Magical South Luangwa
by Chris Pullen
The sightings were fantastic. I find it hard to single out any one of them in particular. The five leopards, seeing my first two kills by the “Hollywood” lion pride, following them on other hunts, seeing endangered Cookson’s wildebeests and Thornicroft’s giraffes, the hippos and so much else.
Safari Company Performance
From the moment I was met at Mfuwe Airport by Innocent from Shenton Safaris I started the adventure of my life. Innocent is the safari guide and a very personable young man.
On the way into the park we stopped at the Shenton’s farm to pick up produce for the camps. I was later to enjoy terrific food made from some of this produce. The food at both camps was excellent.
The service I received was nothing short of fantastic. The best way I can describe the service was that it was without fuss and delivered in a most easy going style. Things just happened when they were supposed to.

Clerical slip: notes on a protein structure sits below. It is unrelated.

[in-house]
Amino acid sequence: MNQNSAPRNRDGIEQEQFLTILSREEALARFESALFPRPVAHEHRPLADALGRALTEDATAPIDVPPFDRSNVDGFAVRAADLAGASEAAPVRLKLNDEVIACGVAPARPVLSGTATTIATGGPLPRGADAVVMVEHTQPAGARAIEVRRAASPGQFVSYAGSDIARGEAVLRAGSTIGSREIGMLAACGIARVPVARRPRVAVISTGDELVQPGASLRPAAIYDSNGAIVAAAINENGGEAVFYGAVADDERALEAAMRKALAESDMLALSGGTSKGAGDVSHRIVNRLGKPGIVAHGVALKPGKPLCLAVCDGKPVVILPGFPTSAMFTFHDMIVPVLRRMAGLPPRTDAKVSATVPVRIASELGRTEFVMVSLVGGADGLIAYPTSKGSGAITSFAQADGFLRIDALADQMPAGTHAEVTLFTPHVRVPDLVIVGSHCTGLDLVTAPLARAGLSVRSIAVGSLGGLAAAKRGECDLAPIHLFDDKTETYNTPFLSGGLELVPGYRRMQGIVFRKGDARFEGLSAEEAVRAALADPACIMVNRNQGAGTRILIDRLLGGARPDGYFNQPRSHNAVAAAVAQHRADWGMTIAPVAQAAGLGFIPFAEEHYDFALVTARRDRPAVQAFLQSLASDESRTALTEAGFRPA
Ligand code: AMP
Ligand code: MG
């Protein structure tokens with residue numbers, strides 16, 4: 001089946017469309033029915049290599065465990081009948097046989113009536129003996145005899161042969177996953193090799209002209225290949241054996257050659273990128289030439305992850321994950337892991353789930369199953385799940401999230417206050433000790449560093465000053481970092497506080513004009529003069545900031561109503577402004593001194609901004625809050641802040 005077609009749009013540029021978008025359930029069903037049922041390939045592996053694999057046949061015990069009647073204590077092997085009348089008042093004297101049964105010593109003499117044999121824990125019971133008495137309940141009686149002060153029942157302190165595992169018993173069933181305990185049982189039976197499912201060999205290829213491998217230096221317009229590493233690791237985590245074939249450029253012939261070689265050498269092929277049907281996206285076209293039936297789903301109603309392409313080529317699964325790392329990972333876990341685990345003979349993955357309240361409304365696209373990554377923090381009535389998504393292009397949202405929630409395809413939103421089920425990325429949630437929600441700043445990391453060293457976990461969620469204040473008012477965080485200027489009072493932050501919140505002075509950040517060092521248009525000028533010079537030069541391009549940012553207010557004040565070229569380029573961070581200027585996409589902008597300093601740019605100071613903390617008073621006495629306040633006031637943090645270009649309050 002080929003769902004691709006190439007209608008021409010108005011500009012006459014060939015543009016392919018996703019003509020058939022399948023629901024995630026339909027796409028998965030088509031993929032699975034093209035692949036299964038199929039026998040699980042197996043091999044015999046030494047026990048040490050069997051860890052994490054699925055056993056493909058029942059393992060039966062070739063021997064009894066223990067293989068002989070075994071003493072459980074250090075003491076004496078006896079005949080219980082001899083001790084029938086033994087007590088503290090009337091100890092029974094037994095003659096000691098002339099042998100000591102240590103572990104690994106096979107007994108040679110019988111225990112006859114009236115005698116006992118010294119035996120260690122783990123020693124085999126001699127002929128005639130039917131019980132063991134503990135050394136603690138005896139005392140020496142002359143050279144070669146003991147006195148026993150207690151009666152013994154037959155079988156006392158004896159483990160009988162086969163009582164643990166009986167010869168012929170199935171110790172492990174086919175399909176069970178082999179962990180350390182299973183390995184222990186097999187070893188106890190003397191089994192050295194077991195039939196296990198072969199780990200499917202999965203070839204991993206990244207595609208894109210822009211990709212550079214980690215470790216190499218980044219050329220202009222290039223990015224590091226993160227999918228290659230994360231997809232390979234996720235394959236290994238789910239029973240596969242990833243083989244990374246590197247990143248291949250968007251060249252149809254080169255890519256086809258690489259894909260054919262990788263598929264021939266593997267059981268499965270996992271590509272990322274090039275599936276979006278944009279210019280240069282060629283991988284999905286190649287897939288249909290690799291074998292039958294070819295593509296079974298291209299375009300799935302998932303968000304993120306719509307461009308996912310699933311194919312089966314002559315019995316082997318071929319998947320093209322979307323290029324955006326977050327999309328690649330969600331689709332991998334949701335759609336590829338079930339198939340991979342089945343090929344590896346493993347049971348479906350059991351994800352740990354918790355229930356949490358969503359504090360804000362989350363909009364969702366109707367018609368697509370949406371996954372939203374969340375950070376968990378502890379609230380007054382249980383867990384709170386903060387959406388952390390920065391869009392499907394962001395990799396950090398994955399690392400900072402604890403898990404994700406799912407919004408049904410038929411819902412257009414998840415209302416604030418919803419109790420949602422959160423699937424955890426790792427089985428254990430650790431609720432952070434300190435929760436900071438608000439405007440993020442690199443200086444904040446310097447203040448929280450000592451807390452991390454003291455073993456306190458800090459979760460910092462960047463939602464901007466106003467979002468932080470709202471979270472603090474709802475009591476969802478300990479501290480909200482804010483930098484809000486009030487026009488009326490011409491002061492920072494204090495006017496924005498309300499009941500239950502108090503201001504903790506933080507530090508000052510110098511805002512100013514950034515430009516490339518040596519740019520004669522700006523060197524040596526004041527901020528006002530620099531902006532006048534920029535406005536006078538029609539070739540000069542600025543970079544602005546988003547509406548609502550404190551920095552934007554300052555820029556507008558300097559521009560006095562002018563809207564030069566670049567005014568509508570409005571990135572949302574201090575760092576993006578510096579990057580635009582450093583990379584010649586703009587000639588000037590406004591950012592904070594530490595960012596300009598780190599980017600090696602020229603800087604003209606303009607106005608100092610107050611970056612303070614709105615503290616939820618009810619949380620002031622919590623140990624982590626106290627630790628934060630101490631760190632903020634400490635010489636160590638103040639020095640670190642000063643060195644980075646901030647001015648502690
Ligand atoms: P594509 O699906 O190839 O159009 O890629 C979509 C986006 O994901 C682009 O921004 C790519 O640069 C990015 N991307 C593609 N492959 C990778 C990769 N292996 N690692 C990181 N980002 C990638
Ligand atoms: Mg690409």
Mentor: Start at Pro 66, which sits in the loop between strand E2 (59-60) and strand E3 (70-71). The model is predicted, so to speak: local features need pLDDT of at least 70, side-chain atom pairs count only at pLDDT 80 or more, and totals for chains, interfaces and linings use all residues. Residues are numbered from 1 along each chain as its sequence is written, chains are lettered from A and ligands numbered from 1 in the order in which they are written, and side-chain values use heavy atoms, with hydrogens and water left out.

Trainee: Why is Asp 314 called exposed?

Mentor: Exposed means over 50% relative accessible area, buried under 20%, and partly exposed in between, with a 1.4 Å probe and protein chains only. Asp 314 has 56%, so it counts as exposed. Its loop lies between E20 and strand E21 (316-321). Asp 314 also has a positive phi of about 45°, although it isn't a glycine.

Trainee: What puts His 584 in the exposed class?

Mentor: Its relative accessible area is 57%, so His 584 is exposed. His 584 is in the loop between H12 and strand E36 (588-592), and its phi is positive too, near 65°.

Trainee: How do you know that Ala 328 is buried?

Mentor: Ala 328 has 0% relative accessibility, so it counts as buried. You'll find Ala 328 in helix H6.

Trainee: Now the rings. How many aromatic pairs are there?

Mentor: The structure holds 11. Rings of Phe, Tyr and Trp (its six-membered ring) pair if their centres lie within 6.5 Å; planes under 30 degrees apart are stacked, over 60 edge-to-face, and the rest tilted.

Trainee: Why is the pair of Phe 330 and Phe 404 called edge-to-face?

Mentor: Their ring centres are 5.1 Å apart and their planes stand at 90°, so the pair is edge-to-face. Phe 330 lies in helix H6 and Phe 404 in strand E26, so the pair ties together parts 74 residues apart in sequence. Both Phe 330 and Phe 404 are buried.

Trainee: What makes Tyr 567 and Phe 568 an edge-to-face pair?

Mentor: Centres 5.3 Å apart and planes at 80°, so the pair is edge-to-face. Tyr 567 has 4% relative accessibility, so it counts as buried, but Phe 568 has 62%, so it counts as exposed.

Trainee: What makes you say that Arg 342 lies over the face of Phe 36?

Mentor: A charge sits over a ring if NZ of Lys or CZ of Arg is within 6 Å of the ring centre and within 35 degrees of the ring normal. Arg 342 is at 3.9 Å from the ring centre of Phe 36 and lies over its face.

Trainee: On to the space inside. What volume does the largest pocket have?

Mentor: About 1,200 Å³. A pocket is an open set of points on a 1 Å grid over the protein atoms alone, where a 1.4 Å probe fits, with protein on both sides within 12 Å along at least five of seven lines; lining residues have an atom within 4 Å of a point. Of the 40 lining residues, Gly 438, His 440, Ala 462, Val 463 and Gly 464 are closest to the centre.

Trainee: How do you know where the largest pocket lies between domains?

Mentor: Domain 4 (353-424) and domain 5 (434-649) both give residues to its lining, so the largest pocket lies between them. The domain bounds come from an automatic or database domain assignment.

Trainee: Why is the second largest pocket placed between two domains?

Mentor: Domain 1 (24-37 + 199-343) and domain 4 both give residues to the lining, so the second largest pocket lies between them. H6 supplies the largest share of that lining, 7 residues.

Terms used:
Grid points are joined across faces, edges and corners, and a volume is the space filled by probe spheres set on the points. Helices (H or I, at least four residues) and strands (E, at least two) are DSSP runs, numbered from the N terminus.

The first couple of game drives were with the owner Derek Shenton which were terrific. Then when I transferred over to the bush camp called Mwamba I had a guide called Ian. My 5 nights at Mwamba, with Ian’s expert knowledge & laid back style, were exceptional. The sightings always came first before anything else. Just what I expect when I’m in the bush.
The open vehicles used by Shenton Safaris seat a maximum of 6 guests. The only way to get a better situation would be to have my own vehicle & guide, something that was beyond my budget.
I stayed in Shenton’s 2 camps called Kaingo and Mwamba.
Kaingo is the permanent camp right on the Luangwa River. I think the maximum number of guests is only about a dozen people which is what I look for in a camp. All the facilities were as I would have expected and were all I need when I am in the bush.